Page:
Many critics compare the balloonman to Pan, the half-man, half-goat god of the satyrs. In fact, the entire collection of Chansons Inocentes out of which "in Just-" comes features repeated references to the "goat-footed" old man who dominates the scene in our poem. What difference does it make if the balloonman actually is Pan (and not just some elderly gentleman from the street)? Well, for one thing, Pan’s usually associated with sexuality and desire. That’s not really the sort of stuff you want to have around innocent little kids, is it?
- Lines 3-5: Although these lines start to build a complex allusion to Pan, it’s not yet obvious that he’s anything more than an old man.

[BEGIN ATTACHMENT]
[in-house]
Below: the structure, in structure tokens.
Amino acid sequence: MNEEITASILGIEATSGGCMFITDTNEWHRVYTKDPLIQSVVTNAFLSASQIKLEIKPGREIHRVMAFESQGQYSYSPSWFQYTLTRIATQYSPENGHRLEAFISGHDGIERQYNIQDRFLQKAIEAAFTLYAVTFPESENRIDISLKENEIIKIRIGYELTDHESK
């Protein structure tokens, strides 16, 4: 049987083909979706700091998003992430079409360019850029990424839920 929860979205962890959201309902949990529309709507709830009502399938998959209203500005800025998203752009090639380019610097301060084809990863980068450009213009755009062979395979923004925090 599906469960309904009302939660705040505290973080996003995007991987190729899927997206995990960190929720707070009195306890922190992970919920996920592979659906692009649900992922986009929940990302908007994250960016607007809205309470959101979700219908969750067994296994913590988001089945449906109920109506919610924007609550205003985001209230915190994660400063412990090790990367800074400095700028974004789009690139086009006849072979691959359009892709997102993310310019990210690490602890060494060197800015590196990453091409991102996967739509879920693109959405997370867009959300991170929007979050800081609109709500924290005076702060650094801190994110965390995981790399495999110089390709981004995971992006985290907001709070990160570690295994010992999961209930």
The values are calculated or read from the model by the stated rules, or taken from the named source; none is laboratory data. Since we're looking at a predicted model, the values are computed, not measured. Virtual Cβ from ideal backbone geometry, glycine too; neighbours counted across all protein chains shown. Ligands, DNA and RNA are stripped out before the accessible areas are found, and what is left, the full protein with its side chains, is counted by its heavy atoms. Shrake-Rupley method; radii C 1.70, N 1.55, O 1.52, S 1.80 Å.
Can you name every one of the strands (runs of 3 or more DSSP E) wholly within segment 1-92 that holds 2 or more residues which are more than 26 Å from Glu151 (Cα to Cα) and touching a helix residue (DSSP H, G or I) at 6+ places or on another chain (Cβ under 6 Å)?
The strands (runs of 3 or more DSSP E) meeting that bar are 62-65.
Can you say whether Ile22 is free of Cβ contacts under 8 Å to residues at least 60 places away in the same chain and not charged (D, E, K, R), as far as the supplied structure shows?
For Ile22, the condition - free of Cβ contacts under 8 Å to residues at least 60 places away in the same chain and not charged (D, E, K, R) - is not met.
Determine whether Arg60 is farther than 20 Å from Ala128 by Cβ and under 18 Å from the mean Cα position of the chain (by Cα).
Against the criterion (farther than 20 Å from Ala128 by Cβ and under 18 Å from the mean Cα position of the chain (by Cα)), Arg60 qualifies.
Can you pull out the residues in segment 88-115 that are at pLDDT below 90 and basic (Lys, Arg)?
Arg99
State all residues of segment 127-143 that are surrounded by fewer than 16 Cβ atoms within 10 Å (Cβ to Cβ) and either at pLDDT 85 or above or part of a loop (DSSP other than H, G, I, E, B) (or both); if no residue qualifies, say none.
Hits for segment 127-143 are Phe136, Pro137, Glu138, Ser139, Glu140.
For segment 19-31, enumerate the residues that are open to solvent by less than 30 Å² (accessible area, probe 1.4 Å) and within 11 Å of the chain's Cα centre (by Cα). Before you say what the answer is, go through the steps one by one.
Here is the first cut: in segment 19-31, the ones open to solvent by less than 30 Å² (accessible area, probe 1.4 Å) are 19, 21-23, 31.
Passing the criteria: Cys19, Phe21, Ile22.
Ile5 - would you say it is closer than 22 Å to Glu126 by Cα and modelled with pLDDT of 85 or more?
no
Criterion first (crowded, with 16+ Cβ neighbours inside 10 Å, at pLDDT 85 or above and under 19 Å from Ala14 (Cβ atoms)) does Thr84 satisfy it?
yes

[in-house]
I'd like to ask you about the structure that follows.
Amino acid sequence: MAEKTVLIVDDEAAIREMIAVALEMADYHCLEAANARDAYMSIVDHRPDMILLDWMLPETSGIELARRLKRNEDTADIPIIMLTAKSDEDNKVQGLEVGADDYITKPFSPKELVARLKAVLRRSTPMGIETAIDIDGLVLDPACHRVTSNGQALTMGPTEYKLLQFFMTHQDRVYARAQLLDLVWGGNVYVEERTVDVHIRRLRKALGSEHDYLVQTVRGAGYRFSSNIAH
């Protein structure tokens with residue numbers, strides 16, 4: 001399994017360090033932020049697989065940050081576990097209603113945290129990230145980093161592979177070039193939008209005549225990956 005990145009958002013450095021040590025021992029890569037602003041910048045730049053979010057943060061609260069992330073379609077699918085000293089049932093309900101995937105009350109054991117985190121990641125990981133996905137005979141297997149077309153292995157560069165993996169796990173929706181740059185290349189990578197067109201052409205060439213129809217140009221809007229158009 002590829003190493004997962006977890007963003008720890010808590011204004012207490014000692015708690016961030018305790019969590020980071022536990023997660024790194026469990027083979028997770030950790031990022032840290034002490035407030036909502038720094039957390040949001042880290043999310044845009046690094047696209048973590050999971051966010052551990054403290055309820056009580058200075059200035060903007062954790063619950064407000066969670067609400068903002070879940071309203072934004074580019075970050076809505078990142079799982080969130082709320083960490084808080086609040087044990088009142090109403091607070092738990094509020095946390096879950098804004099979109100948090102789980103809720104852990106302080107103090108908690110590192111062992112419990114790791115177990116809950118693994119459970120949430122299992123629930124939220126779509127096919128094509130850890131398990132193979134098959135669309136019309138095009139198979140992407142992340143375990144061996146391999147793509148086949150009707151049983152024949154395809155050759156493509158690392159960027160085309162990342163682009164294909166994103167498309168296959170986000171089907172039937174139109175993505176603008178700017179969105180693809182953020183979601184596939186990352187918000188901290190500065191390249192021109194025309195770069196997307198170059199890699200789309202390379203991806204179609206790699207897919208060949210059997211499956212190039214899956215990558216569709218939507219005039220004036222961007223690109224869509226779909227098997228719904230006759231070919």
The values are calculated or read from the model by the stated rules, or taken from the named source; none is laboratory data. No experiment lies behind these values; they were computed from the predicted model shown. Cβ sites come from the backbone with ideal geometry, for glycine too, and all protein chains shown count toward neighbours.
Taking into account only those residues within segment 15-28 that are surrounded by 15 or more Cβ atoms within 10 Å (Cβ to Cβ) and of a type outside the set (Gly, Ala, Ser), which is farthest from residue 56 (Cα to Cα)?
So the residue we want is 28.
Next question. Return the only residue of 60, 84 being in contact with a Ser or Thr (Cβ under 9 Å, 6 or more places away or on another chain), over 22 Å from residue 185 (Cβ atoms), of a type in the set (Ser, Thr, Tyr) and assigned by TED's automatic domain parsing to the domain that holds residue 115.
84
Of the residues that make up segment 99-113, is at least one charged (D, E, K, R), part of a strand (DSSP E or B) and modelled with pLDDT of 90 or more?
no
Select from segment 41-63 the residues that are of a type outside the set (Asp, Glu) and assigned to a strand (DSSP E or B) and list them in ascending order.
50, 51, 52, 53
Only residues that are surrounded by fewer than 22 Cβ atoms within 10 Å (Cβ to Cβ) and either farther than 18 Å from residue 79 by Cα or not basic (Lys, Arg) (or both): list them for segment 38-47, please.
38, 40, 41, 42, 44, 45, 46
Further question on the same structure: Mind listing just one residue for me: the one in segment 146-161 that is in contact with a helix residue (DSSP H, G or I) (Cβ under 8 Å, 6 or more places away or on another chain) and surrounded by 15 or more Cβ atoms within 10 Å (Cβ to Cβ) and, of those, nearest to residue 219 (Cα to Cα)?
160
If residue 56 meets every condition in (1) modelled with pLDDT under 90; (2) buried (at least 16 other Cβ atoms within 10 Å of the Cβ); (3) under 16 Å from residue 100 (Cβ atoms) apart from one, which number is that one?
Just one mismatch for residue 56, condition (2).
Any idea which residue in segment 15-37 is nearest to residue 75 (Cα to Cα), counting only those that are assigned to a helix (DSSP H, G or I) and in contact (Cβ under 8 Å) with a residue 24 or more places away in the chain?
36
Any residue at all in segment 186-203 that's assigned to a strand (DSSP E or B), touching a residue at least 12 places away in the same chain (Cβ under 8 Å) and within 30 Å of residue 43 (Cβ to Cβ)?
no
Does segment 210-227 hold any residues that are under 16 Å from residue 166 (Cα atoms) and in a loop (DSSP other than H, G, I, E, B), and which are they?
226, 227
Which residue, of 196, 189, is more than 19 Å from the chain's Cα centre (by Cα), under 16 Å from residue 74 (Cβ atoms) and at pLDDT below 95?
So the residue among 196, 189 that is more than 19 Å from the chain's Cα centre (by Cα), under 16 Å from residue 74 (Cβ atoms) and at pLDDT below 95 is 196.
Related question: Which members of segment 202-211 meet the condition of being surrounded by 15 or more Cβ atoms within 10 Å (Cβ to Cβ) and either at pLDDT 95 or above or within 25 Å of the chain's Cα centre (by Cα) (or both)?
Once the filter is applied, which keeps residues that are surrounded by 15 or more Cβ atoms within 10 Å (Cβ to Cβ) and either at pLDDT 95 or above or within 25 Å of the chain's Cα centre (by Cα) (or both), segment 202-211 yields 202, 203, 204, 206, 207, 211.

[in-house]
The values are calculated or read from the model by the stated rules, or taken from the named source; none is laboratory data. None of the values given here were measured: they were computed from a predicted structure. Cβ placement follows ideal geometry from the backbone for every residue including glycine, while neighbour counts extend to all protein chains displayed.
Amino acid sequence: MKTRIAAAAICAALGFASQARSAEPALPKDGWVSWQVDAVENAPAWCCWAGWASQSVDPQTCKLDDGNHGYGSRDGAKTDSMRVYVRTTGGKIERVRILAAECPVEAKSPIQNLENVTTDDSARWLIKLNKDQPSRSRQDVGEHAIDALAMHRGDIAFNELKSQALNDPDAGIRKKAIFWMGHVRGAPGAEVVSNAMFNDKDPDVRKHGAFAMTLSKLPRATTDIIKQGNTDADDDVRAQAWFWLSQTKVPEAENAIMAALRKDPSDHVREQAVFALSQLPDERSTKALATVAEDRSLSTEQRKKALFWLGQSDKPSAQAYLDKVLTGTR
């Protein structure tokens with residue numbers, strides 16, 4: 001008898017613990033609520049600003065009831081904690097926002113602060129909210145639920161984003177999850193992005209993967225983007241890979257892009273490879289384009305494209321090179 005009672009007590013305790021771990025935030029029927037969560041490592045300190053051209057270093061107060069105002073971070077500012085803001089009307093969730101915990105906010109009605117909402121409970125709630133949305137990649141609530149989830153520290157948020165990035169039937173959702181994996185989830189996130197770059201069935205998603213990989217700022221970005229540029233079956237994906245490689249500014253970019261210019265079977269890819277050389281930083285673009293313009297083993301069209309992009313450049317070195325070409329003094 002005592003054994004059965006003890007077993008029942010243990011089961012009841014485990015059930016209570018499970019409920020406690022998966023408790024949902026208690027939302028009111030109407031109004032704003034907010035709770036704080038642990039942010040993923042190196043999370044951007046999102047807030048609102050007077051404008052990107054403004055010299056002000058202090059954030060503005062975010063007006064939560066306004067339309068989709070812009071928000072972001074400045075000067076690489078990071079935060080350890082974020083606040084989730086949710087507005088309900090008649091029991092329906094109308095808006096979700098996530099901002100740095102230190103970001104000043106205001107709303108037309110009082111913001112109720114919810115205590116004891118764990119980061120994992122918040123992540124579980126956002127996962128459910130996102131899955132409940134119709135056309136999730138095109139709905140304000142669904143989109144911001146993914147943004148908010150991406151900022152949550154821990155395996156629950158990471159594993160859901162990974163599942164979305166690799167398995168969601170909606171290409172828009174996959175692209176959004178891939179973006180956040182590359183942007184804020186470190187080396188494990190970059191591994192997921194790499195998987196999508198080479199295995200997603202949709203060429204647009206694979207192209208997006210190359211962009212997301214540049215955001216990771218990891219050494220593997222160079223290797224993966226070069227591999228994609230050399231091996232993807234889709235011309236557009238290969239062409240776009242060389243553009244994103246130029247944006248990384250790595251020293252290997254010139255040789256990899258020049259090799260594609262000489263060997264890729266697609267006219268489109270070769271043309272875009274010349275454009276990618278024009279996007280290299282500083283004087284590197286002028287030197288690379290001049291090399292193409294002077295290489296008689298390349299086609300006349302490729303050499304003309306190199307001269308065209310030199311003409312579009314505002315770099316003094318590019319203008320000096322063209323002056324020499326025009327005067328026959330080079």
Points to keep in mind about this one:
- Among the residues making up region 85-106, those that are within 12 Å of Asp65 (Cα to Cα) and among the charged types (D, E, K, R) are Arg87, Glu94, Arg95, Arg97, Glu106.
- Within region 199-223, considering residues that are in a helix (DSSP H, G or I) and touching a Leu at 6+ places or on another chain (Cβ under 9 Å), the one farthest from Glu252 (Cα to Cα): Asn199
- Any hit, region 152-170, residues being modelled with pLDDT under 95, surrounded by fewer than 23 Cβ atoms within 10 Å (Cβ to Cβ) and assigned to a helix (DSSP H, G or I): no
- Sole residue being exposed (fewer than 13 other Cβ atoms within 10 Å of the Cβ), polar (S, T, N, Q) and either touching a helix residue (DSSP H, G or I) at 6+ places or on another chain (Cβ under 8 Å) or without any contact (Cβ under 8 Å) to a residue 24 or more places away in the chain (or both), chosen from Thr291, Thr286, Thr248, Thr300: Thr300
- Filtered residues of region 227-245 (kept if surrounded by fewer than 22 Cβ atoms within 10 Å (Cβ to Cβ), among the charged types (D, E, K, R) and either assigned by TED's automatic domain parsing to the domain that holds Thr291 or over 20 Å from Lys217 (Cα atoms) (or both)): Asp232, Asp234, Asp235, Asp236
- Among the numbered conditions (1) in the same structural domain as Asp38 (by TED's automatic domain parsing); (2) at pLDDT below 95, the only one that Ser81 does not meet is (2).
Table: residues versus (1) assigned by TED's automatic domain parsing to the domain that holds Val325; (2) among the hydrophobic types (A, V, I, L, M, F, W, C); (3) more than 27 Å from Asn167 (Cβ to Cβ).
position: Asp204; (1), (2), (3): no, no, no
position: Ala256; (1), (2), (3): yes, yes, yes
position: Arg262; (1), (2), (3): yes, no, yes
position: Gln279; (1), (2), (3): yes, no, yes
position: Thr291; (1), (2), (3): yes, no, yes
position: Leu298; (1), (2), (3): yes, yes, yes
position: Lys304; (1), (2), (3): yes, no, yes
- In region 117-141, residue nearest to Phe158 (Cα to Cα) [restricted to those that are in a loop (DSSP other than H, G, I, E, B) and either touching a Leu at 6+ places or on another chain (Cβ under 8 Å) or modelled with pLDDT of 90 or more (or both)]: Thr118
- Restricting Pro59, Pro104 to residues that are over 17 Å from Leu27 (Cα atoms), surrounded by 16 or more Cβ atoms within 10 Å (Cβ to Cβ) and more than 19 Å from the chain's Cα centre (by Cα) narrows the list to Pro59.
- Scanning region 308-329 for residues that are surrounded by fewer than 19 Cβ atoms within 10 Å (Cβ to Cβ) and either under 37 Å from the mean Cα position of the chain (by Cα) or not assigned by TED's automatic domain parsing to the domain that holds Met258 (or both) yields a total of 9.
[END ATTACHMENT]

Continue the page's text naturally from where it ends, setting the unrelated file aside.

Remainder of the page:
- Lines 11-13: The imagery that builds up around the balloonman is surprisingly vague: "queer" and "old" doesn’t give us much to build an imaginary picture of the guy with. Oh, and these lines are a repetition of the images that we get in 3-5.
- Lines 19-23: Offsetting the word "goat-footed" by giving it its own line, Cummings makes sure that we catch the allusion to Pan.